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Last week, we established the architectual relevance of the Sunset Ranch Market area and how it refers back to the old Farmers Market of the 1930's. There's another reference beyond just the architecture to the Farmers Markets off to the side that you may have overlooked or simply not "put two and two together", so to speak.


The truck is hauling boxes of fresh produce ready to sell to consumers, direct from the farms at which they grew. Each of the crates is stamped with the logos of the farms that produced the various fruits and vegetables. Believe it or not, the labels here aren't fictitous companies made up by Disney. These were real farms in Southern California. The Morjon Apples company was based in the San Francisco area of California and would be distributing farm apples from the Pajaro Valley near Watsonville, Sonoma Valley region near Sebastopol, near Yucaipa and Redlands in Southern California and from Various brokers and growers operating in the central valley.

So why all of the colorful labels? Colorful paper labels have been used to identify products since the early 1880s. Introduced to America by European artists, this printing process became known as lithography, the first commercial art. Orchard owners used this new concept of lithography to bring attention to their fruit.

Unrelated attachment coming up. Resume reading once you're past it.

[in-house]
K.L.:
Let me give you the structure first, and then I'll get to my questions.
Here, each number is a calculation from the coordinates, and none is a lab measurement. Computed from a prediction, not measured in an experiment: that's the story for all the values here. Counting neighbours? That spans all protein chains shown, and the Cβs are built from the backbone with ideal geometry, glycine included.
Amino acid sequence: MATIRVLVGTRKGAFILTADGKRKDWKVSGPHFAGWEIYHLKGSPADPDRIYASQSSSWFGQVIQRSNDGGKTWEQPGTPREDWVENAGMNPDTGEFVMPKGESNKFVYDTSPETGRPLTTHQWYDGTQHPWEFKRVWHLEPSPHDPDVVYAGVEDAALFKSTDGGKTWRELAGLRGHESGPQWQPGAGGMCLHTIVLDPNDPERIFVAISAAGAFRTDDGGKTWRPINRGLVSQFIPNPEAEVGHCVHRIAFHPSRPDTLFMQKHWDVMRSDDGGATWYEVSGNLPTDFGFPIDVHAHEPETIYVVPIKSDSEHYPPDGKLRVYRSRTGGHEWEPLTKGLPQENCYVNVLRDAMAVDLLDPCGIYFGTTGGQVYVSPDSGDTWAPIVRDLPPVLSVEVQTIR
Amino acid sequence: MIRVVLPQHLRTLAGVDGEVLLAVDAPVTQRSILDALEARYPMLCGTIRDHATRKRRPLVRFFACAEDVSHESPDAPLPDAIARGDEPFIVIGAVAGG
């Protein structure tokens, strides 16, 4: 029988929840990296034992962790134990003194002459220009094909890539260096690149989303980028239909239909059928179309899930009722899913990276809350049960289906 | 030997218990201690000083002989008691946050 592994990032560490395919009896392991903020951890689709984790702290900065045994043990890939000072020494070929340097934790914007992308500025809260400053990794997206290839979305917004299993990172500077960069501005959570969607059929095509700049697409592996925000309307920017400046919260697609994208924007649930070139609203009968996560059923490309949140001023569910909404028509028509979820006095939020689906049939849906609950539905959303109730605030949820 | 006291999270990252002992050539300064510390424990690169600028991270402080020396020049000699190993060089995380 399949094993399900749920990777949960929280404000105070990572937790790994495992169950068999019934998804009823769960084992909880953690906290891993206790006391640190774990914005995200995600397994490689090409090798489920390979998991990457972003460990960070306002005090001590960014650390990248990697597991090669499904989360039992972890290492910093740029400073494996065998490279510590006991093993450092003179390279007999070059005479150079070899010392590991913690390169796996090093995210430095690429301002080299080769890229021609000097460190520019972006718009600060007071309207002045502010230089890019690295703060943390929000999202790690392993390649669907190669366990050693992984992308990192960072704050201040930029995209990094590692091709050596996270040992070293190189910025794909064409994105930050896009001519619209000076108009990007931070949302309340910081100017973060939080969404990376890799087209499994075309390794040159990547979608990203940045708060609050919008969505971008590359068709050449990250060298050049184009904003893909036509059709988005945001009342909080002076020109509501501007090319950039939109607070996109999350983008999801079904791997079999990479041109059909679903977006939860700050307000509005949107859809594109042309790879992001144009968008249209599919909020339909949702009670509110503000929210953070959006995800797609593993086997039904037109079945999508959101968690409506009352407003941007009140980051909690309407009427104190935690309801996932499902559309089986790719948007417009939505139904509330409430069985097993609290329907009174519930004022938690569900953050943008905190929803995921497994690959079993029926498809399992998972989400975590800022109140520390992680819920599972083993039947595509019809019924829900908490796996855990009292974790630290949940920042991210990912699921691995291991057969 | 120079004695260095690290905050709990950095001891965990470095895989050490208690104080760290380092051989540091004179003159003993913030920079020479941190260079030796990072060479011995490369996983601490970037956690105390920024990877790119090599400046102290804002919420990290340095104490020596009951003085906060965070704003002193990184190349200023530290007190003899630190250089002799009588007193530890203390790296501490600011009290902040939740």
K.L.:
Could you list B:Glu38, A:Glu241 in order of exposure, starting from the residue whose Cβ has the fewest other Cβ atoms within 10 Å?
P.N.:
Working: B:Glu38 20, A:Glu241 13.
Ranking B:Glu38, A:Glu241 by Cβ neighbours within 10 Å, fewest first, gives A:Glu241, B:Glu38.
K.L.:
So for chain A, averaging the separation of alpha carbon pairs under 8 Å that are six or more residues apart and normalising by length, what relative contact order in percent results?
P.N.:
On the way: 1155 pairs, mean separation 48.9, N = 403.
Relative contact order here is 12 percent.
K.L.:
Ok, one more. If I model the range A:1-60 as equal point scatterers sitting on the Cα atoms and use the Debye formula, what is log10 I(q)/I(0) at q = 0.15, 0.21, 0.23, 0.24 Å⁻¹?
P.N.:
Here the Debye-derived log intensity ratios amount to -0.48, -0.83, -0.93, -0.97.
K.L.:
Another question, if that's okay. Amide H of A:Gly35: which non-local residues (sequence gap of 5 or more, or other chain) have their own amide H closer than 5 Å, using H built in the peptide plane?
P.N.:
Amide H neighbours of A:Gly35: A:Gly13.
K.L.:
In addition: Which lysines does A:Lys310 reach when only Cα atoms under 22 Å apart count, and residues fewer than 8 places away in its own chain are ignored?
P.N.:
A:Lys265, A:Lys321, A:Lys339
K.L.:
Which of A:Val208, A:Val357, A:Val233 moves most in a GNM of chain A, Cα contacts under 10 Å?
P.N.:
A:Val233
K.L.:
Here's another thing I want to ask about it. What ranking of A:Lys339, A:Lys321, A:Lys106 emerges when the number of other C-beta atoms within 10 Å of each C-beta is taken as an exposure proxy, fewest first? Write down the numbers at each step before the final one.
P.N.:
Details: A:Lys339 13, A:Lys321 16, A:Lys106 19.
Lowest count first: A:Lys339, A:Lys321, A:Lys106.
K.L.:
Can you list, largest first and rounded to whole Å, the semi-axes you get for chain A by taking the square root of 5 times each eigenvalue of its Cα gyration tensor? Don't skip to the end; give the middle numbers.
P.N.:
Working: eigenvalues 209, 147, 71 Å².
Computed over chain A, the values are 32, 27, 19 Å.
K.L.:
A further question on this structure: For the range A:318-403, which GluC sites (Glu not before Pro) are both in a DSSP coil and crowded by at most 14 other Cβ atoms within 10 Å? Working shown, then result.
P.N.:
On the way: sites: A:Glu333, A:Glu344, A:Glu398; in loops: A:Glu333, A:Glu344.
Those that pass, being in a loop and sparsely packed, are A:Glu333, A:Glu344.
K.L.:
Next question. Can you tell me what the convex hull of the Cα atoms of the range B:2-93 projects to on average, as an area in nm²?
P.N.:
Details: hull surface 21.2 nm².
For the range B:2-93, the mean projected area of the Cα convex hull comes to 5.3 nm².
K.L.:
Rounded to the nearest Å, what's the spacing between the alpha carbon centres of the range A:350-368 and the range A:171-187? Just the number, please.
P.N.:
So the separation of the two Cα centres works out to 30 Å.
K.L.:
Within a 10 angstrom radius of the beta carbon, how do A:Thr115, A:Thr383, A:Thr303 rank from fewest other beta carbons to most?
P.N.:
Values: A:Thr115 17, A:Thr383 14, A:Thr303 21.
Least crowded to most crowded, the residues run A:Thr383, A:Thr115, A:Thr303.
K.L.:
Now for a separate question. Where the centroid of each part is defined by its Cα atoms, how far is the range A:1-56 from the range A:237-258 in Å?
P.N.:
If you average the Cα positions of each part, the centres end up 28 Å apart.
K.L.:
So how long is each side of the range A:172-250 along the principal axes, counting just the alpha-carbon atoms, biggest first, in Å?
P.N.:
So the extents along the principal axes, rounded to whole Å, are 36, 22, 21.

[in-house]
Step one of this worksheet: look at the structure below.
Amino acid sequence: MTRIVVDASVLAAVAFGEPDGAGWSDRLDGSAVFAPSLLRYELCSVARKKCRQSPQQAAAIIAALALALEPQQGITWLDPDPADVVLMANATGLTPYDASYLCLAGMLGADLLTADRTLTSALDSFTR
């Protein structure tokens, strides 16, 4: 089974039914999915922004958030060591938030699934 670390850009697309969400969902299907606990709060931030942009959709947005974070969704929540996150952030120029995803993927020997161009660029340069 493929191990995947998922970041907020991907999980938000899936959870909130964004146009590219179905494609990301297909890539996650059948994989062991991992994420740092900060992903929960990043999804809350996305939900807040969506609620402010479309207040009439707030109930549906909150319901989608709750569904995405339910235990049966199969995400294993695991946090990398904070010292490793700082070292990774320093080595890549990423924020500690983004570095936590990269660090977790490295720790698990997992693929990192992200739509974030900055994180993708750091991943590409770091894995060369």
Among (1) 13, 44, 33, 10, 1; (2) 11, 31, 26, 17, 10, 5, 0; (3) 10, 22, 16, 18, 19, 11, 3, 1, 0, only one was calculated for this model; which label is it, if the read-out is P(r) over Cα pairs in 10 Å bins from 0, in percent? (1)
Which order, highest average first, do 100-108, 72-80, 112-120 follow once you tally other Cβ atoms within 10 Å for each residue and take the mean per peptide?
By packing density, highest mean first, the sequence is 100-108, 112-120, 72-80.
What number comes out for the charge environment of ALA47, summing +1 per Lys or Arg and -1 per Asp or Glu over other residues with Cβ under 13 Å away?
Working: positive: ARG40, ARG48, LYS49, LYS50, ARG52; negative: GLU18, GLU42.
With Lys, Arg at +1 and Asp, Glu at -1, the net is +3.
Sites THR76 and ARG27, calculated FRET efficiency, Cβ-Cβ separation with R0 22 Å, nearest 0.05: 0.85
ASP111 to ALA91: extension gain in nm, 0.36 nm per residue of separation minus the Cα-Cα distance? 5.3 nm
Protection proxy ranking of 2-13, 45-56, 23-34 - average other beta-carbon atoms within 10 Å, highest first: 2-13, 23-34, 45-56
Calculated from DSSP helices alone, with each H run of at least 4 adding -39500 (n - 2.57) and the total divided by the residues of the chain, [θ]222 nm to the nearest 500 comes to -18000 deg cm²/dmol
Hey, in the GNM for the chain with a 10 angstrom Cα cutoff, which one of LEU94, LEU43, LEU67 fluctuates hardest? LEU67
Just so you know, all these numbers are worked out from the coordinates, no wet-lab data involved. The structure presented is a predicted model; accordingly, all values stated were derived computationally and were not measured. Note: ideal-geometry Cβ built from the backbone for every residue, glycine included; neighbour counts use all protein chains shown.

There are also some labels closer to the path to Rock 'n Roller Coaster for many of these same brands posted to a wall, with the intention to draw more attention to a potential buyer to a particular brand. The boxes of fruit reinforce the overall theme of being in a real farmer's market in the 1930's and 40's in a time when the area where Disneyland and the rest of Orange County were mostly comprised of farmland.

Here are some other companies we were able to track down:

  • Sanclar Pears: Sweetbrier Orchards, San Jose, CA, 1930's
  • Solid Gold Brand Oranges: Exeter, California, 1930's
  • Cheerio Brand California Vegetables, Salinas, California, 1930's
  • Sebastopol Queen - California Apples, 1930's
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About this column

Ever seen something in Hollywood Studios and wondered why it was placed there by Disney's Imagineers? Matt Hochberg leads you on a regular look at the hidden details in Hollywood Studios and explains why it's there.


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Posted: Thursday, March 17, 2011 by
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